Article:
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Script Breakdown - Character Analysis
 by: Peter D. Marshall

In the last article, I talked about the first, and most important, part of a Director's job - understanding the script: what the story is about; the themes; the story points; and the characters. In this article, I will focus on Character Development and Analysis.

After reading the script and working through the script structure and scene analysis, it's time to figure out the development and objectives of the characters.

1) Character Functions

Each character has at least one function (or role) in any story, such as:

a) protagonist
b) antagonist
c) best friend
d) love interest
e) confidante
f) partner
g) catalyst
h) mentor
i) comic relief

There are many more, but this is a basic list for you to start with.

2) Character Emotions

Here are the three main character emotions:

a) Sympathy - the audience IDENTIFIES with the character's problems and triumphs
b) Empathy - the audience UNDERSTANDS the emotions that drive the character
c) Antipathy - the audience wants the character to "GET WHAT THEY DESERVE"

3) Character Components

These are the Internal and External factors that shape each character:

a) Interior - form character
b) Exterior - reveal character

4) Character Background

a) where is the character from (background)
b) what was he doing just before this scene
c) what does the writer say about this character
d) what do others say about this character
e) what does the character say about himself

5) Character Objectives (Most Important!)

These are the main needs and wants of a character (what people want out of life)

a) SUPER OBJECTIVE (example: "Power over People")
- what is the primal motivation of the character
- what are the main needs of the character

b) OBJECTIVES (example: "Wants to Dominate Character A")
- what does the character want (motives)
- what are the active choices to achieve the Super Objective

c) MAIN ACTIONS (example: "What they DO to Character A")
- what the character DOES...
- to get what he WANTS...
- to fulfill his NEEDS


a) there can only be one objective per character - per scene
b) the simpler the objective, the easier it is for an actor to play it
c) objectives rise out of the character's needs and feelings
d) objectives help actors react to each other - rather than just "say the lines"
e) an objective should be an active choice for an actor
f) an actor should always play their objective in every scene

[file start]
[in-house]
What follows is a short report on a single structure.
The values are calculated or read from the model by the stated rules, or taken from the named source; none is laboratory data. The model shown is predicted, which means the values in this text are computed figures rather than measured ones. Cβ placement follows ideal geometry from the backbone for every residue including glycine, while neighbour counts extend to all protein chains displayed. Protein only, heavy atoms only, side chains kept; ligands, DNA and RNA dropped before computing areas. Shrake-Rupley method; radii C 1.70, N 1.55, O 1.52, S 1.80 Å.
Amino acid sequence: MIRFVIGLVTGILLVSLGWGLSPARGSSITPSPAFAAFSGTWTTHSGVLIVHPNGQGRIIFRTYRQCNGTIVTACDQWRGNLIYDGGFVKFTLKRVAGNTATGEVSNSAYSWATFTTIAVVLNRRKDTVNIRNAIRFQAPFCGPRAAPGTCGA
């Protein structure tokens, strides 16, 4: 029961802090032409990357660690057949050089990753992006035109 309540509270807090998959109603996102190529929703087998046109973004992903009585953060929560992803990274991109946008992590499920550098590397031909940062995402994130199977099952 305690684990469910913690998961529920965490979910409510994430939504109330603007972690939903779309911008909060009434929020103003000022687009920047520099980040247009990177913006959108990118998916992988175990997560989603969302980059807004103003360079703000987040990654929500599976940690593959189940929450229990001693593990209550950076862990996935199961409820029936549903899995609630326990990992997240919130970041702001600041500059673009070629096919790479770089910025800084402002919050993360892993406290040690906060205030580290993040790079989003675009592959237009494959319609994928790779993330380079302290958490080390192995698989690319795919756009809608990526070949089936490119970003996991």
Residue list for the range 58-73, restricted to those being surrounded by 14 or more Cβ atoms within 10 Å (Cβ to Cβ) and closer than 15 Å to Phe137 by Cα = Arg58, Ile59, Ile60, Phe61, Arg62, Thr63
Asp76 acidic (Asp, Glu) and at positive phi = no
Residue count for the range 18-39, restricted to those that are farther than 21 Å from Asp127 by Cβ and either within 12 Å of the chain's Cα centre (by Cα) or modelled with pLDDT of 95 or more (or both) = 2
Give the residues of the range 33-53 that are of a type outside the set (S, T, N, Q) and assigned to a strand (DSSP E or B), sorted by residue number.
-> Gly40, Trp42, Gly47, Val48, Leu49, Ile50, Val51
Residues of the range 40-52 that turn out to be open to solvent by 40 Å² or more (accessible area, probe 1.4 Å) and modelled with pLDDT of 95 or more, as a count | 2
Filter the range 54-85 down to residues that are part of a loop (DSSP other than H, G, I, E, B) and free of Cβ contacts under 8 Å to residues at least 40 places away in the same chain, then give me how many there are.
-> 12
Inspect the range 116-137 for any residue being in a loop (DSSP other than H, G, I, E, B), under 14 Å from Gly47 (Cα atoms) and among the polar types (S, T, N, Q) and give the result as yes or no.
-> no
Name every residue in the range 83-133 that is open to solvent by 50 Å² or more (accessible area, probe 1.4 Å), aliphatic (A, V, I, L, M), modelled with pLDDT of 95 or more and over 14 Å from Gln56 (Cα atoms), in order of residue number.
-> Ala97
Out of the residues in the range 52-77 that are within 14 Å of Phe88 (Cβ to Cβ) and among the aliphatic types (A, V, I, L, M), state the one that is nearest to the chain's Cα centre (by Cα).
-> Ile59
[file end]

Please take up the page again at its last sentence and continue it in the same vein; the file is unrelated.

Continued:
When coming up with character objectives, ask yourself: what does each Character want in this story - in this scene?

a) look at the character's behavior (what he does)
b) look at what the character talks about (what he says)
c) remember: Motive (inner life ) Determines Behavior (outer life)!

6) Character Breakdown

Go through your script and write down all the characters. You should list the main characters first and the secondary characters last and then assign them a function. Your first character should be the main character - or the protagonist.

NOTE: if you are doing a TV Series, the main characters will already be established for you. They are usually numbered "1,2,3..." on any call sheet.

7) Script Breakdown (Per Character)

Answer these question about how each character fits in the story:

a) what is the story function of this Character
b) what is their Super-Objective
c) what is their Main Objective (in the story)

8) Scene Breakdown (Per Character)

Answer these questions about how each character fits in every scene:

a) what is the character objective in this scene
b) what are the character's main actions in this scene
c) what are the results of their actions in this scene

9) Character Dialogue

I am a firm believer in the rule " Less is more!" As the Director, it is your responsibility to take a written document (The Script) and translate it into a visual format (Film or Video). This means that we can sometimes use visuals instead of dialogue to make a story point or to show what an actor is thinking.

After you have done all your homework on Script, Scene and Character Analysis, make another pass at the script to see what dialogue can be omitted by using visuals to get the point across. It is always better to SHOW the audience what a character is thinking, than have them talk about it. (Motion Pictures!)

WARNING: on a TV series, the producers are usually the writers and they are, for the most part, very hesitant to have any dialogue removed. If you have done your homework (Scene and Character Breakdowns) and can show them that your idea will make the scene better, go for it - they can only say no.

About The Author

Peter D. Marshall has worked in the Film and TV Industry for over 32 years. In 2000 he created as an online resource center for Filmmakers where you will find filmmaking tips, articles and directing workshops. Peter also publishes the free monthly ezine, "The Director's Chair."

This article was posted on October 28, 2005


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